Union leaders are anxious to avoid a replay of that in 1988; they figure the tape will help. "It'll look like sour grapes for some candidate who has been on the tape to come out and claim the candidate we endorse is a captive of labor," said Morton Bahr, international president of the CWA.

There's another motive. Few union presidents expect that the AFL-CIO this fall will be able to reach the required two-thirds consensus needed to back one single candidate in the primaries. But they are eager to go through the process anyway -- and, in so doing, deliver a message to their 13 million members about "bottom-up" union political participation.

"We know union members don't follow our recommendations to the degree they did 15 or 20 years ago," Bahr said. "We're trying to show the rank and file that we want your input, and we're going to give you as much information as possible." Bahr plans to poll his membership three times this summer before his board decides whether the CWA will back a candidate. He said he is especially pleased that the AFL-CIO tape includes Republicans. Even though few labor unions have endorsed Republicans for president, about a fifth of union members are Republican. The leaders don't want to cut themselves off from so big a slice of the rank and file.

The tapes have just begun circulating. So far, most viewings have been not at union halls but at regional meeting of labor leaders. In those settings, according to a handful of before-and-after straw polls, the "winners" are Simon and Massachusetts Gov. Michael S. Dukakis (D).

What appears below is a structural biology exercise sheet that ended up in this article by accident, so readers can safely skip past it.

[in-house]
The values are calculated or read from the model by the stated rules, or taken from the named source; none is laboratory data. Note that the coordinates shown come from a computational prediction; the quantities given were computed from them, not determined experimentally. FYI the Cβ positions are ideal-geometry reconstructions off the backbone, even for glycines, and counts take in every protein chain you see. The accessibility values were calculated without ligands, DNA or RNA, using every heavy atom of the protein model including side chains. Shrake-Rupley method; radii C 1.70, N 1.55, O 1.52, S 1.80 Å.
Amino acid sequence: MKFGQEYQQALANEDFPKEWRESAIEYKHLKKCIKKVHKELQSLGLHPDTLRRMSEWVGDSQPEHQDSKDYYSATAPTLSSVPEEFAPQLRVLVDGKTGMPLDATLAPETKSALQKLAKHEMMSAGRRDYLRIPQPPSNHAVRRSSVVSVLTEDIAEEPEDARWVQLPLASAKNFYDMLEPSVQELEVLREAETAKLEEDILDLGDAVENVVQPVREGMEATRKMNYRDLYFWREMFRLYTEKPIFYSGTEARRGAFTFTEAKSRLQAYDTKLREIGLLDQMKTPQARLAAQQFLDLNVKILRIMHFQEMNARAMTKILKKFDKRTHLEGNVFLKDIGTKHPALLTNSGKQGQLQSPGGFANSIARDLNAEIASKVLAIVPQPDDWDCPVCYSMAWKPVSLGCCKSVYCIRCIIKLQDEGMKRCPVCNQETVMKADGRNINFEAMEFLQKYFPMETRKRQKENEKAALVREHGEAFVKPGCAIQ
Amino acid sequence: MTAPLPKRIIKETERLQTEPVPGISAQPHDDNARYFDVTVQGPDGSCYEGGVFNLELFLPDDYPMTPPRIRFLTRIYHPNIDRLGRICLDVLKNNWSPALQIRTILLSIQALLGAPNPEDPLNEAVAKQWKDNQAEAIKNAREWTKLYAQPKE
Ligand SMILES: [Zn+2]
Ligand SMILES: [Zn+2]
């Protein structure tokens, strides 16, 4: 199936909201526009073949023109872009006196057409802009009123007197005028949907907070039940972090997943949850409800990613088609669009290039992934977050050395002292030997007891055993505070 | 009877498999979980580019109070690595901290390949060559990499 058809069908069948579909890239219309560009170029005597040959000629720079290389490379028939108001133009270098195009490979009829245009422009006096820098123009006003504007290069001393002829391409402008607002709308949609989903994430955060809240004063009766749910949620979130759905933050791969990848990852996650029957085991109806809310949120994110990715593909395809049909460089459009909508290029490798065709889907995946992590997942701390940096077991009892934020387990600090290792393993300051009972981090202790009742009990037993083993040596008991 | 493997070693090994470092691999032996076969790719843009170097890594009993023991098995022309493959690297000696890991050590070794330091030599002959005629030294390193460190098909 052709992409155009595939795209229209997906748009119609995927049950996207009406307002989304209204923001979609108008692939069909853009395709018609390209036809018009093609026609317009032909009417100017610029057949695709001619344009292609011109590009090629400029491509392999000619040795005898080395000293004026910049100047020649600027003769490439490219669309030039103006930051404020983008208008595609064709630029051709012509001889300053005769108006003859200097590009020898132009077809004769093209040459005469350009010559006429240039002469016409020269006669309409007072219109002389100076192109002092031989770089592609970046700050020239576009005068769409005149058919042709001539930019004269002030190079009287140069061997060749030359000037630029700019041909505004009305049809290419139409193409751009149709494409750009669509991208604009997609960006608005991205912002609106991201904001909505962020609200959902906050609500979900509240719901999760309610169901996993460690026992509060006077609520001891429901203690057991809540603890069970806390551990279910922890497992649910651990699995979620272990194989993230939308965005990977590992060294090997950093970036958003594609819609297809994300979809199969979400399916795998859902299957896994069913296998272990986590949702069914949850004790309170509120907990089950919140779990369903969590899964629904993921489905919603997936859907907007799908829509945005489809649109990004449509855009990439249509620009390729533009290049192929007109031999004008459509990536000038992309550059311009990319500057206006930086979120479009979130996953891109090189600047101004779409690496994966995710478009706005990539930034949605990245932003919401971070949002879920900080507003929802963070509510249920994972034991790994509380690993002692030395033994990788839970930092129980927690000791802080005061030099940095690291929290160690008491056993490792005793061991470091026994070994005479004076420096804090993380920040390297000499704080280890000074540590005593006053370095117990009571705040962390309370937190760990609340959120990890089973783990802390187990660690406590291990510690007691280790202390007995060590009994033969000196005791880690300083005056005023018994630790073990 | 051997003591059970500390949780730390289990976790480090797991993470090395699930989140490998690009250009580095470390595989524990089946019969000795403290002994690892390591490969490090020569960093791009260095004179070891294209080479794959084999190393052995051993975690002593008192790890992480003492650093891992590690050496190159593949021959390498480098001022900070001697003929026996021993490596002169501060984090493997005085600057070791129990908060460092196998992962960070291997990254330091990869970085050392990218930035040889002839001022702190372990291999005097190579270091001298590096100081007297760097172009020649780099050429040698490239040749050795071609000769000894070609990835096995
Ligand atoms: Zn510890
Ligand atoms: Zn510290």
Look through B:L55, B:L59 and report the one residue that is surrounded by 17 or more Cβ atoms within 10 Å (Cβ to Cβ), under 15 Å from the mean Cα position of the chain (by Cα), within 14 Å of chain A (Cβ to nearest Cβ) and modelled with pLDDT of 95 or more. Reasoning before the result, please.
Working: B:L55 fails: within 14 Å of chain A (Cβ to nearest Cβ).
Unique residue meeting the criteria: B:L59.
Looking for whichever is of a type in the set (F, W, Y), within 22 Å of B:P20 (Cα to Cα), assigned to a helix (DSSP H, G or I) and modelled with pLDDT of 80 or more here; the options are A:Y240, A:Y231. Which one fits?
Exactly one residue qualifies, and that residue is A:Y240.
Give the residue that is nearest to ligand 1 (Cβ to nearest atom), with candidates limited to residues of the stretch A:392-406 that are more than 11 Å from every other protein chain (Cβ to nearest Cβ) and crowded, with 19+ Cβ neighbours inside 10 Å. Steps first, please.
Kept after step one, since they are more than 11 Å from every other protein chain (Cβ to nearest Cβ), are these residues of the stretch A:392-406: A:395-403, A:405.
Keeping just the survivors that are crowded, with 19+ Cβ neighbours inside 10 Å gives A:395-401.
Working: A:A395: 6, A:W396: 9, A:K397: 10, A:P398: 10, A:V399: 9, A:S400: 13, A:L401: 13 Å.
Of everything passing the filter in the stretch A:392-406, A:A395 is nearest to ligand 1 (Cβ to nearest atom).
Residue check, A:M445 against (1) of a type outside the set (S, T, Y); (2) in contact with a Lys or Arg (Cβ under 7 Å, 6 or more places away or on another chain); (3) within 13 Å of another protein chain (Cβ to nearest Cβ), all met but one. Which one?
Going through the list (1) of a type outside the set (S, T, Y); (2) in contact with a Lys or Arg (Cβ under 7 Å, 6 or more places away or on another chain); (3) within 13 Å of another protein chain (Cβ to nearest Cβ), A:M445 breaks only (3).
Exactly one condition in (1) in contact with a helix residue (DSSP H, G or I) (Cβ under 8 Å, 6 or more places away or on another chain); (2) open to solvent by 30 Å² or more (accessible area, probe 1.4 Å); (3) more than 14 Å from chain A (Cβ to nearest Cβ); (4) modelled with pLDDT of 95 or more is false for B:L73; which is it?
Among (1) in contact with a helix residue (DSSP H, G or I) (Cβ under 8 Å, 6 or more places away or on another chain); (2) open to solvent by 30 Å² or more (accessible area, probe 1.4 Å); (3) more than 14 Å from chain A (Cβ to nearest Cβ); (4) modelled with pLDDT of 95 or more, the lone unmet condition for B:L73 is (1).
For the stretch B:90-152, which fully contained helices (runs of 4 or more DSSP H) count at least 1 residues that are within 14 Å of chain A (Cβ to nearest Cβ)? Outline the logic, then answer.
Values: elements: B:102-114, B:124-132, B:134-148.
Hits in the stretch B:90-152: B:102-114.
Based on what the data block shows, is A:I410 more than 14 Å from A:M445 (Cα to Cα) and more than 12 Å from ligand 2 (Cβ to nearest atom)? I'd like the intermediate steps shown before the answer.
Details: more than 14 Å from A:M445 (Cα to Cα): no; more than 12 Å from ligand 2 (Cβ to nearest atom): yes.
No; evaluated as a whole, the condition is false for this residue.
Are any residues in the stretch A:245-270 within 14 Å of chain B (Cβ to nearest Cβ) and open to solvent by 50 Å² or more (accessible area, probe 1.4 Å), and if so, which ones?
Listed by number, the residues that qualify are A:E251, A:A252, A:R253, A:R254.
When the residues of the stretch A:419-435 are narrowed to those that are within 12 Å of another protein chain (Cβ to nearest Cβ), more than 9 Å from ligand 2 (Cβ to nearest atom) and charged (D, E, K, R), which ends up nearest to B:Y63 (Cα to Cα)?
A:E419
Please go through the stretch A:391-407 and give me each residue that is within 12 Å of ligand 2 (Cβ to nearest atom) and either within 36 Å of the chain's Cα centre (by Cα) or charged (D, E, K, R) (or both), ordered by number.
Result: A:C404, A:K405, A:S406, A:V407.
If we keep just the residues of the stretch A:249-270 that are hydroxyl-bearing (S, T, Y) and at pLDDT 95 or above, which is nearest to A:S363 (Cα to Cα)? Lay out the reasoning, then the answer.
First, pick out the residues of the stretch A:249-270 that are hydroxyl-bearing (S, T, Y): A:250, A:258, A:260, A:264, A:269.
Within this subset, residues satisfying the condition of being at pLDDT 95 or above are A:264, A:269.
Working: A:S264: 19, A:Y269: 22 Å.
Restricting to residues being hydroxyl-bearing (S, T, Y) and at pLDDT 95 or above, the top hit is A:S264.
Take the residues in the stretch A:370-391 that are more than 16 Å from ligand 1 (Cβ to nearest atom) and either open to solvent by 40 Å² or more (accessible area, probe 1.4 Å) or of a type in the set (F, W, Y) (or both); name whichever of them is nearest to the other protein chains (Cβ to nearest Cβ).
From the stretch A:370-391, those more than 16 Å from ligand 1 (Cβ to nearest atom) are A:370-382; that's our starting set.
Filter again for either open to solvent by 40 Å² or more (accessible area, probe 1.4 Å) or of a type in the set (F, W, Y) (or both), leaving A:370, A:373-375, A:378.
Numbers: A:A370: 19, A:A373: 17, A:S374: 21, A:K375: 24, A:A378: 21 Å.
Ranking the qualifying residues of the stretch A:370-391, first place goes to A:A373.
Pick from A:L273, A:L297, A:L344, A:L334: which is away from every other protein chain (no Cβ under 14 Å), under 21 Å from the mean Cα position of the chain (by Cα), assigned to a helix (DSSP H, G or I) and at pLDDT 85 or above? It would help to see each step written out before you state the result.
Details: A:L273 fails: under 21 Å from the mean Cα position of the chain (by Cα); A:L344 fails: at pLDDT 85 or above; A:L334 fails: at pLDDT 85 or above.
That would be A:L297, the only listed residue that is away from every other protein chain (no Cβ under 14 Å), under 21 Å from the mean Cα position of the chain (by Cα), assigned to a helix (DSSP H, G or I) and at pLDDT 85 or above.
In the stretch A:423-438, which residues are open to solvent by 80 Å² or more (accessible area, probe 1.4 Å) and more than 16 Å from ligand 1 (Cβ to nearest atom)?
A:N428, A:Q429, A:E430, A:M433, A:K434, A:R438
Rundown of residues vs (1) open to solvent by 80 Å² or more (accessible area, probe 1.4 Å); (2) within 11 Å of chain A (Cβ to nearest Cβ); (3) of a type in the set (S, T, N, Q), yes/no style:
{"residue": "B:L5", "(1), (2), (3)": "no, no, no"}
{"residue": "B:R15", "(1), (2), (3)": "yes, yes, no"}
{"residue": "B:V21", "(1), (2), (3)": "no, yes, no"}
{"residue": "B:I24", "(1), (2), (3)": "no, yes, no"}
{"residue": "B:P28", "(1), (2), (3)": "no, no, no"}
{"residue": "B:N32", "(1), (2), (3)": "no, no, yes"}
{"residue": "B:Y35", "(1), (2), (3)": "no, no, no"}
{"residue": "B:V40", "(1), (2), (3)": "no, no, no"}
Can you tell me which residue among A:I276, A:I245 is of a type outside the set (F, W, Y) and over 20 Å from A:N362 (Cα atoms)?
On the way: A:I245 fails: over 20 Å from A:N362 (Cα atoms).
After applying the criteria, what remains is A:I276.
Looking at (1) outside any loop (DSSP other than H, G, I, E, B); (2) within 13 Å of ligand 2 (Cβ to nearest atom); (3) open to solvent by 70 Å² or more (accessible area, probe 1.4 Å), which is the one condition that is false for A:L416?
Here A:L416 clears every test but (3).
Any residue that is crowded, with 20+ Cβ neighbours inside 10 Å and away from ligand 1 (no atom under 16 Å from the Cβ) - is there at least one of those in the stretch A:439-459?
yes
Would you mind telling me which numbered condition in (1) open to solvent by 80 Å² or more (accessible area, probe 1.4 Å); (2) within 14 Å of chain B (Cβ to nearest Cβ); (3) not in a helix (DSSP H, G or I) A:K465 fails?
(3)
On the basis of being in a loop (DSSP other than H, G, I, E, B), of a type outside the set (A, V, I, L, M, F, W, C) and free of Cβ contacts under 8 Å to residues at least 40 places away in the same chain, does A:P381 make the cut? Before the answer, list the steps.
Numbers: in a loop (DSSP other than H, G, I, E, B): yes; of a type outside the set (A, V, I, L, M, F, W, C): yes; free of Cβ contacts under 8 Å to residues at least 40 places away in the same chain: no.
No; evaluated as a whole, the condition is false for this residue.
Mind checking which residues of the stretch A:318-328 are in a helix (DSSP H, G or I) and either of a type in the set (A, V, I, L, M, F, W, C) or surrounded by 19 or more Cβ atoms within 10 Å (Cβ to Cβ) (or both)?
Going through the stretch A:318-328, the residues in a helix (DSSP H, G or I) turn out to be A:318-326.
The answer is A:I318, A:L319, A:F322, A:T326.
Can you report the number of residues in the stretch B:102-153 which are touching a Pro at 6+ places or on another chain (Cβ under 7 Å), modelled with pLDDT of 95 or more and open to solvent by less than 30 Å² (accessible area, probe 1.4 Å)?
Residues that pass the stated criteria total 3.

Simon begins his speech by boasting he has the top AFL-CIO vote rating (89 percent) of all presidential candidates, then advocates tough trade legislation and a guaranteed job opportunity for all and blasts tax cuts for millionaires. He says his views may sound as old-fashioned as his "bow-tie and horned-rimmed" glasses, but he reminds viewers they were good enough for Harry S Truman.

It's no surprise the presentation went over well among labor leaders (though some unions, especially public employes, worry about his advocacy of a balanced-budget amendment). However, among the audience in this converted house on the banks of the Kanawha River, the fascination was with Simon's appearance, not his platform.

Some union members said they thought he looked like comic Pee-wee Herman; others, like the late broadcaster Dave Garroway. One said he sounded like commentator Paul Harvey. And there were familiar cracks about the name he shares with the famous singer.

The reactions are a reminder that American voters, first and foremost, are video-literate. They may take their time to reach a judgment about a candidate's policies and character. But on everything from ear lobes to body language, they're quick studies.